I'm afraid there's no good way to do that that won't do irreparable harm to the white (knock-out) text. Your tube is being printed with two blues, the lighter of which is a solid colour with "holes" in it where the tube shows through for both the white text and the areas around the black text. Your darker blue colour is screened at the transition area (with ...
If you want something more like a "ball" then you have far too many mesh lines. You only need 1 mesh point to pull off a "ball" appearance...
Actually, this could also be done with a simple radial gradient. There's really no need for a mesh specifically with a simply "ball" shape.
With original information....
Assuming you want a circle ...
Set the edge points to the same color as the center point, then lower their opacity to 0.
If you want a smooth one-color gradient, or mesh, when using opacity, the points or gradient stops should be the same color and only the opacity should change.
Basically you are currently asking the blend to morph between 100% Cyan and 0% Pink. So there's a middle ...
On Illustrator use the mesh tool as Lucian say, you can move the vertex around. Try different grid density.
In Photoshop you can simply make some blotches of color and use the smudge tool. The trick is to test a different radius and pressures.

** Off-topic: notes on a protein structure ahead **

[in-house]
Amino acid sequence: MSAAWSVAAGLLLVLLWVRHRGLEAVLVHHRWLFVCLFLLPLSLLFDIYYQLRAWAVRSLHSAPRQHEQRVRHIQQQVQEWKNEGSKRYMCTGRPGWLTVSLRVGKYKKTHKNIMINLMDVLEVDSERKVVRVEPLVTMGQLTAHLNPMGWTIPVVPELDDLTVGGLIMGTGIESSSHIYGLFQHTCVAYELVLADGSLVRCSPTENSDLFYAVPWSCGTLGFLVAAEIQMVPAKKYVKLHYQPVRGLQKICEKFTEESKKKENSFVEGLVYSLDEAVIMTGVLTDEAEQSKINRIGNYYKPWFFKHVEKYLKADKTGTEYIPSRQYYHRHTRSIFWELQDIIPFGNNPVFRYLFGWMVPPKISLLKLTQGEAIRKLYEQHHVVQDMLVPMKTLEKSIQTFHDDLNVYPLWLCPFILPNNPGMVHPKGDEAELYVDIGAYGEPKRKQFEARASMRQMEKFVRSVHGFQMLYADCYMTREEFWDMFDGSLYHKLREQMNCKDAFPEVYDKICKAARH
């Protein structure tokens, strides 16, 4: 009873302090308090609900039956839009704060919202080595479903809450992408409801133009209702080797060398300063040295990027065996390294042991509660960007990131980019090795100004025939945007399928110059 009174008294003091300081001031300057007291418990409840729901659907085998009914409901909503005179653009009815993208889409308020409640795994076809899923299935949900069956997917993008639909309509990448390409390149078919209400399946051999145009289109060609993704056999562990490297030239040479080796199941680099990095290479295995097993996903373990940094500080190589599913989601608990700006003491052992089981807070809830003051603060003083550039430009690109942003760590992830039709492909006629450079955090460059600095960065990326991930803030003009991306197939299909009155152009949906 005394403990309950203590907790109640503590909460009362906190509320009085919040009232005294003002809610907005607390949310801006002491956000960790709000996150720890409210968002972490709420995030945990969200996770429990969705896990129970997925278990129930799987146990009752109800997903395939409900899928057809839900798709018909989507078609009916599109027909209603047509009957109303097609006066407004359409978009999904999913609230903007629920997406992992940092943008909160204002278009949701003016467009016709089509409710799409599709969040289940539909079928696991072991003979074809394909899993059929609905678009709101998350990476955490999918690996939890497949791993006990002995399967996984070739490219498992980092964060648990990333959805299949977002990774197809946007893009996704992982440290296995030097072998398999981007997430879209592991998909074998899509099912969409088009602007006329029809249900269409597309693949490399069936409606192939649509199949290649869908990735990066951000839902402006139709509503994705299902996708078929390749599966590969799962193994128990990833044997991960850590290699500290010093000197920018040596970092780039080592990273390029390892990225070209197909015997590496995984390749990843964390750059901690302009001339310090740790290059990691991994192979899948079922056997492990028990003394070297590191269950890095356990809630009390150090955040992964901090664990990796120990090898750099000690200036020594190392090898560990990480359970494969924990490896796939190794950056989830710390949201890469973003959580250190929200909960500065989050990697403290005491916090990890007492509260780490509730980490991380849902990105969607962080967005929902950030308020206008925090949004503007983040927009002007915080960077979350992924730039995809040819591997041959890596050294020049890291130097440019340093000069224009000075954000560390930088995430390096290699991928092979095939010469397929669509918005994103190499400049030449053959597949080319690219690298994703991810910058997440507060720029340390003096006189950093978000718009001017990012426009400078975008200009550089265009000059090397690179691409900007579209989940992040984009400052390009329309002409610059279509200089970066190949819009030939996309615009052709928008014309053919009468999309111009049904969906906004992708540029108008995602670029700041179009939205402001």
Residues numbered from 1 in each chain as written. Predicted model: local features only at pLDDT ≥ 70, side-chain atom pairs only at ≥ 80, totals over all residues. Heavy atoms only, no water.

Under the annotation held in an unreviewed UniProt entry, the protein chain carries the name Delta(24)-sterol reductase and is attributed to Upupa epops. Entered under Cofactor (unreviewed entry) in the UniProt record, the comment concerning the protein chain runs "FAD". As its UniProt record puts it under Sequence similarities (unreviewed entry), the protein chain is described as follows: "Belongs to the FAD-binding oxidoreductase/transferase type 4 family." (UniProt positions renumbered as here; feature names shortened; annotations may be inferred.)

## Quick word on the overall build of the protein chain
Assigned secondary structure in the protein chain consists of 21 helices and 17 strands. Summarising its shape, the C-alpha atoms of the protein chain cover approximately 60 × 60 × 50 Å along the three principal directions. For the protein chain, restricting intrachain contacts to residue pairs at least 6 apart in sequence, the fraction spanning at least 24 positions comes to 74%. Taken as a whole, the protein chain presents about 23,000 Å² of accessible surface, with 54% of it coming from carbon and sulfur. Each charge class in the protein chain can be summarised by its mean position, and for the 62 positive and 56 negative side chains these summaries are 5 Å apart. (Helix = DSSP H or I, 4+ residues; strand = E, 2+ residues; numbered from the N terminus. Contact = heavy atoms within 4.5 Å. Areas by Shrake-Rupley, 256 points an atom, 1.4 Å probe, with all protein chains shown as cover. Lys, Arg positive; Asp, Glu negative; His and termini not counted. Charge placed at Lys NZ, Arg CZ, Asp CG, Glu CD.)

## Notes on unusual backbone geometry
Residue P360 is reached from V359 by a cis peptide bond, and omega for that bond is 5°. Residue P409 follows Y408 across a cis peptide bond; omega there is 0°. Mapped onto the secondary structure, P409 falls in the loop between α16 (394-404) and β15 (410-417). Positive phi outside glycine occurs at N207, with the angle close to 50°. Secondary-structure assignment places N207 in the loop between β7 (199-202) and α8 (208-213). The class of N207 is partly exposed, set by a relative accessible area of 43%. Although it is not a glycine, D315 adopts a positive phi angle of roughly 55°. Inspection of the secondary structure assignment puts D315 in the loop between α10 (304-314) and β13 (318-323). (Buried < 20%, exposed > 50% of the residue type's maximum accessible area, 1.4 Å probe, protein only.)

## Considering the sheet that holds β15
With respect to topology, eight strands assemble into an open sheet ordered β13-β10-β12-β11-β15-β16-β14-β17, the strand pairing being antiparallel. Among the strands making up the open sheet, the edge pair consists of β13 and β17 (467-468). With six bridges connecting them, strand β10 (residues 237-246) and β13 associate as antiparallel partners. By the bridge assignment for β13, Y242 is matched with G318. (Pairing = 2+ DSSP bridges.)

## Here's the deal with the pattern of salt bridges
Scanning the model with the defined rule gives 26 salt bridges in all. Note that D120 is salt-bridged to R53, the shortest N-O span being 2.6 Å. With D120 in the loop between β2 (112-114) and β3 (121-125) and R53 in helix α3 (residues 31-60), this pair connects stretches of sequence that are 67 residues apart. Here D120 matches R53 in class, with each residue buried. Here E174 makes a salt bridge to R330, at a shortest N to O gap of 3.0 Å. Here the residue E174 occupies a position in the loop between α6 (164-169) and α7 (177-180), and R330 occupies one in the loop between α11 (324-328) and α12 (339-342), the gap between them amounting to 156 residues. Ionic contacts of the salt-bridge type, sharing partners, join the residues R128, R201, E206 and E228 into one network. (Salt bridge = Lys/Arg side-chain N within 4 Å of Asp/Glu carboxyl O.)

Danielillo pointed another method using a general Gaussian blur. How to create an image with complex gradient?
Better to use a vector image editor instead, not Photoshop which is a raster image editor, and the wrong kind of software for making logos.
The example below was made in Inkscape, but almost any vector image editor will do, such as Adobe Illustrator, CorelDraw, etc. It consists of a single path (shown stroked in green below) broken up into various pieces, ...
Mesh anchors and handles can be altered by using the Convert Anchor Point Tool, the same way you alter standard anchors.
The only caveat is that mesh anchors can not be converted to/from smooth points/corner points.. they are all mesh points. You can use the Convert Anchor Point Tool and drag a mesh anchor's handles into the anchor, essentially creating a ...